A number of restrictive measures and sanctions imposed by NATO allies on Turkey and its quest to procure arms and defense materiel over growing divergence from alliance objectives has prompted concerns about the risk of Turkey’s expulsion from the A400M program.
Uneasiness over Turkey’s possible expulsion from the A400M program was expressed by the opposition by drawing a comparison to the removal of Turkey from the global F-35 Joint Strike Fighter consortium in which the Erdoğan government had invested $1.4 billion and expected to generate $11 billion in export revenue.
“If the same [similar to the F-35 removal] were to happen with the A400M, and they [Turkey’s partners] say one day, ‘We have expelled you,’ would the path to [international] arbitration be clear [for recouping losses]?” asked Utku Çakırözer, a lawmaker from the main opposition Republican People’s Party (CHP). His comments were made at a meeting of parliament’s Foreign Affairs Committee, which was debating the articles of a revised agreement on the A400M program on Nov. 30 before approval.
He asked why the government is not resorting to arbitration to recover the payment it made to the F-35 program and inquiring whether similar problems could emerge with respect to the A400M as well.
The A400M was designed in 2003 and manufactured by Airbus as an advanced military transport plane to boost airlift capacity of participating states and replace the Lockheed Martin C-130 and Boeing C-17. The contract was signed by Belgium, Britain, France, Germany, Luxembourg, Spain and Turkey. The Organisation for Joint Armament Co-operation (OCCAR) is the coordinator for the purchase and delivery of A400M planes.
Amendment No.1 to the A400M program that increased France’s financial commitment:A400M_Programme_Board_Decision
The program, which has encountered several problems since its inception and was bailed out in 2010, was revised, with several core participating states increasing their contributions to its budget. The changes were submitted to the Turkish Parliament for debate and approval as the legislative branch has the authority to approve international treaties on behalf of Turkey.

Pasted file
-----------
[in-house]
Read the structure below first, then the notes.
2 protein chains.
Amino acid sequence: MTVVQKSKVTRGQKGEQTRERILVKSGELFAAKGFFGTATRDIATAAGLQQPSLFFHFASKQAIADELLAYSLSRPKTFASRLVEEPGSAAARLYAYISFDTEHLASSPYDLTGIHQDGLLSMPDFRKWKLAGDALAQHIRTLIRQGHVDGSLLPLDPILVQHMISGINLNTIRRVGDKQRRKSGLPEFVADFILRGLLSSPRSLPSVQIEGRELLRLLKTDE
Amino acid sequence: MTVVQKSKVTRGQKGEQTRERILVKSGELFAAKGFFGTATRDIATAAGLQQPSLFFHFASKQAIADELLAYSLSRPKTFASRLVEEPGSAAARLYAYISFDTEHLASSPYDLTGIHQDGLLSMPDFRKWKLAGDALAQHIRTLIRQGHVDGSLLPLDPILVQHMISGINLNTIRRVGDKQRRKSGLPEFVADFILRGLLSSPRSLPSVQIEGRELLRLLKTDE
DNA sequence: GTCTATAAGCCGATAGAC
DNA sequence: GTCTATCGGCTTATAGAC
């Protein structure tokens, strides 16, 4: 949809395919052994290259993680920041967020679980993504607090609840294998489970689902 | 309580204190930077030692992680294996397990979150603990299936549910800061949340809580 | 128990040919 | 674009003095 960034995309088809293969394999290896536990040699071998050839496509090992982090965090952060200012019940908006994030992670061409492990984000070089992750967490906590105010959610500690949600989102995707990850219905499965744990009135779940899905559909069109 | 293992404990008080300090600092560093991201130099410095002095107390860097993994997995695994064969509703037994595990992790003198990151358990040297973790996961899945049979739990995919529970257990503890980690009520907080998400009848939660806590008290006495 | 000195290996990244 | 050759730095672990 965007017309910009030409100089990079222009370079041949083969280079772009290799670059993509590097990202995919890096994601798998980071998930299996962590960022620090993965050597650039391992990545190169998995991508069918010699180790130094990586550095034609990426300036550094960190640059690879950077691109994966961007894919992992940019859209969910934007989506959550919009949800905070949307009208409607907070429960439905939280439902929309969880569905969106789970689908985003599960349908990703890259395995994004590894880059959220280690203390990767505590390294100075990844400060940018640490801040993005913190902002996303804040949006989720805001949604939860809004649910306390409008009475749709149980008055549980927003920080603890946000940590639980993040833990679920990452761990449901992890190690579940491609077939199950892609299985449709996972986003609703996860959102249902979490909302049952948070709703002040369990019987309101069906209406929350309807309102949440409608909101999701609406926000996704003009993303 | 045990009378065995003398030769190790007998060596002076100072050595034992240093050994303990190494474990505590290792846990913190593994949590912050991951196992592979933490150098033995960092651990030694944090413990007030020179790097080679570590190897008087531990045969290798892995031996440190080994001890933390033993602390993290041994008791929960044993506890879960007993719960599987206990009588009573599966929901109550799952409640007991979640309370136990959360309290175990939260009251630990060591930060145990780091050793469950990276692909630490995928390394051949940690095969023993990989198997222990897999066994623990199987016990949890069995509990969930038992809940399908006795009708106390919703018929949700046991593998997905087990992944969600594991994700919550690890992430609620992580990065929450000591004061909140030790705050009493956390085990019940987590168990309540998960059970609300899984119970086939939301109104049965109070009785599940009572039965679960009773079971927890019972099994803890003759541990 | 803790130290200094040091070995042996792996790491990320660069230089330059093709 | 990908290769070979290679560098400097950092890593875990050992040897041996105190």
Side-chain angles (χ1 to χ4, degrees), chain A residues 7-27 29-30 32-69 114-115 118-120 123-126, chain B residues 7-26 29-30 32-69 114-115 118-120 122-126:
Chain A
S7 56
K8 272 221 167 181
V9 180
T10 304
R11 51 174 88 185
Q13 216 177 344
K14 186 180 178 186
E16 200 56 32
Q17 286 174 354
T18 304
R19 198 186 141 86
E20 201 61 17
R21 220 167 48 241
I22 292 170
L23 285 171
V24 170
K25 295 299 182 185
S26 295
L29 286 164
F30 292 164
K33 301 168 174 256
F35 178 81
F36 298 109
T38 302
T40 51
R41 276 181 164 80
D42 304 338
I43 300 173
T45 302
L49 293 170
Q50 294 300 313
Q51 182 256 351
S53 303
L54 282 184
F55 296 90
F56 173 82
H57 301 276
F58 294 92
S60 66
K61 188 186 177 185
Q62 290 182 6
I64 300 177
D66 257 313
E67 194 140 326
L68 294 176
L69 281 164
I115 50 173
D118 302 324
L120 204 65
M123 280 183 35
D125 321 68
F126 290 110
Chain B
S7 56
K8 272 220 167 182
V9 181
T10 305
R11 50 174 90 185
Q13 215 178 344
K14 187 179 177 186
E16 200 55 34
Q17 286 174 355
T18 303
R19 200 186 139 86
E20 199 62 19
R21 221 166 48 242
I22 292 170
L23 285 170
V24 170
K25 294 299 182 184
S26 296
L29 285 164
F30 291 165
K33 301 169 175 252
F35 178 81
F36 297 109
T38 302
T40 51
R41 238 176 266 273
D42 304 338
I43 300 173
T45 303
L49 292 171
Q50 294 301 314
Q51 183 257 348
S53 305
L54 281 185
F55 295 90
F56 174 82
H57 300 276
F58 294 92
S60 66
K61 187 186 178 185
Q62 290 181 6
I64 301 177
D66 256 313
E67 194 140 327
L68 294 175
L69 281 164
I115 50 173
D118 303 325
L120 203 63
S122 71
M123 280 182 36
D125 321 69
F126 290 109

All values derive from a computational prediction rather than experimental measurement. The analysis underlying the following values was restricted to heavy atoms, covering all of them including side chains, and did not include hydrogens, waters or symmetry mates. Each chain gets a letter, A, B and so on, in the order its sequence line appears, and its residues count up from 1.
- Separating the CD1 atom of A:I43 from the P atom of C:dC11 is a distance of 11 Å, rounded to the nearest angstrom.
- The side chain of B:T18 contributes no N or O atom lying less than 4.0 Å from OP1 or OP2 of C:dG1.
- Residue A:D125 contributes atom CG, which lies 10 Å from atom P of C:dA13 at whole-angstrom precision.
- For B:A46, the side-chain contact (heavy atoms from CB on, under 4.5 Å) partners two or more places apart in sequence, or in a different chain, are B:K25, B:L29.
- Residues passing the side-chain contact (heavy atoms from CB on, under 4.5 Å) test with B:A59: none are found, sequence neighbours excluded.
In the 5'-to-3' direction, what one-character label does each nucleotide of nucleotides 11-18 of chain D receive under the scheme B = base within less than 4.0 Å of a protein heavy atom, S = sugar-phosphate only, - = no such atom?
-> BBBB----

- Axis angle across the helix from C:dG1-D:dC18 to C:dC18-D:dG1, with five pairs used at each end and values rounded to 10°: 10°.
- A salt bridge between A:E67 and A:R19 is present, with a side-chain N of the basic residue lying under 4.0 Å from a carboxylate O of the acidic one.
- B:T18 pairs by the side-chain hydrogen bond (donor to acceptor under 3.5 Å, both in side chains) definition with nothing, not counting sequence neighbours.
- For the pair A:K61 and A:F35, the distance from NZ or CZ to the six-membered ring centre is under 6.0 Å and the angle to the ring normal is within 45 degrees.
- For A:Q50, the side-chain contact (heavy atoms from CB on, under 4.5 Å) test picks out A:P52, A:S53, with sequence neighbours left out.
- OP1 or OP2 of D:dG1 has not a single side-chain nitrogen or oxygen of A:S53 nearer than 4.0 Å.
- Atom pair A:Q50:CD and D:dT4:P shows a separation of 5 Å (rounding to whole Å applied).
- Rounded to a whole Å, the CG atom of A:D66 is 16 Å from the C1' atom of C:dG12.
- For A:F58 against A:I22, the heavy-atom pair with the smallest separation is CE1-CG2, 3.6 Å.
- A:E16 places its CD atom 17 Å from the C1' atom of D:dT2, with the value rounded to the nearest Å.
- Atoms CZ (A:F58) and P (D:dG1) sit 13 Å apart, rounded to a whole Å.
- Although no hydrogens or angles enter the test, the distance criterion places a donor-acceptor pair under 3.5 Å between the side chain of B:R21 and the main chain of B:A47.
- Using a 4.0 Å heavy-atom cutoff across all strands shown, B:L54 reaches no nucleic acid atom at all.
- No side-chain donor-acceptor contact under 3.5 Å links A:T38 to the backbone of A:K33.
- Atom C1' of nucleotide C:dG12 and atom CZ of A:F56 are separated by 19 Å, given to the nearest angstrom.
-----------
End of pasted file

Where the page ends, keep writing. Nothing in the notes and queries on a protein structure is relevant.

Turkey is not a member of OCCAR but a participant in the A400M program in the design, manufacturing and logistical support phases. Many parts of the A400M were made in Turkey by the state-owned Turkish Aerospace Industries (TUSAŞ) and its subcontractor Selex.
Turkey has a 7 percent share in the A400M program, and TUSAŞ manufactures 405 parts for the aircraft. Some of the parts produced in Turkey includes the forward and rear center fuselage, tail cone, flaps, speed brakes, doors, lighting systems, waste and clean water systems, and wiring. The parts are exported to facilities in Germany and the UK before final assembly in Spain. Turkey also has two maintenance locations to support repair and overhaul jobs for A400M planes.
Turkey has accepted delivery of nine A400M planes out of the 10 it ordered, with the last one expected to arrive in March 2022. It has so far generated more than $500 million in revenue from the sale of parts manufactured for the aircraft and is expected to earn nearly a billion dollars once the order for the total number of 186 A400M is fulfilled, according to Abdurrahman Şeref Can, head of the aircraft department at the Presidency of the Defense Industry (SSM), who briefed the lawmakers.
Turkey paid around 100 million euros for each aircraft it has received, and the program has produced 118 airplanes so far, said Deputy Foreign Minister Yavuz Selim Kıran, stressing that Turkey received a discount because it is a partner in the program. Turkey’s contribution to the program budget is 1.3 billion euros, amounting to a 5.56 percent budget share. Although Germany, France and Belgium have all increased their contributions to the program’s budget, Turkey’s has remained the same.
Amendment No.3 to the A400m program, which increased Belgium’s financial commitment:A400M_Programme_Board_Decision3
As for the F-35 fighter jets, Kıran said technical talks with the US government were underway for Turkey to recoup the investment it made to the program and that legal experts were looking at all options including taking the US to international arbitration if necessary. The first round of talks with a US delegation was held in Ankara on October 27, 2021 and the second will take place in January 2022.
Turkey has come under increased pressure from its allies, especially the US, Canada and Germany, which announced restrictions and sanctions against Turkey to varying degrees because of Turkey’s closeness to Russia, NATO’s arch enemy, and the Erdoğan government’s use of arms in cross-border conflict zones.
The US designated the SSB as a sanctioned entity in December 2020. The sanctions prohibit granting loans, credits and US export licenses and authorizations for any goods or technology transferred to the SSB as well as loans or credits from US financial institutions totaling more than $10 million in any 12-month period. The US government would also oppose any third-party engagement with the SSB and try to block any loan that is likely to be extended to the SSB by international financial institutions.
In the meantime, Canada also barred the export of critical parts for armed drone production in Turkey, and Germany stopped providing engines for Turkey’s domestically manufactured artillery and tanks. In November 2021 Turkish Defense Minister Hulusi Akar revealed that allies had also imposed an embargo on imports of dual use goods for civilian needs on fears they may be used for military purposes.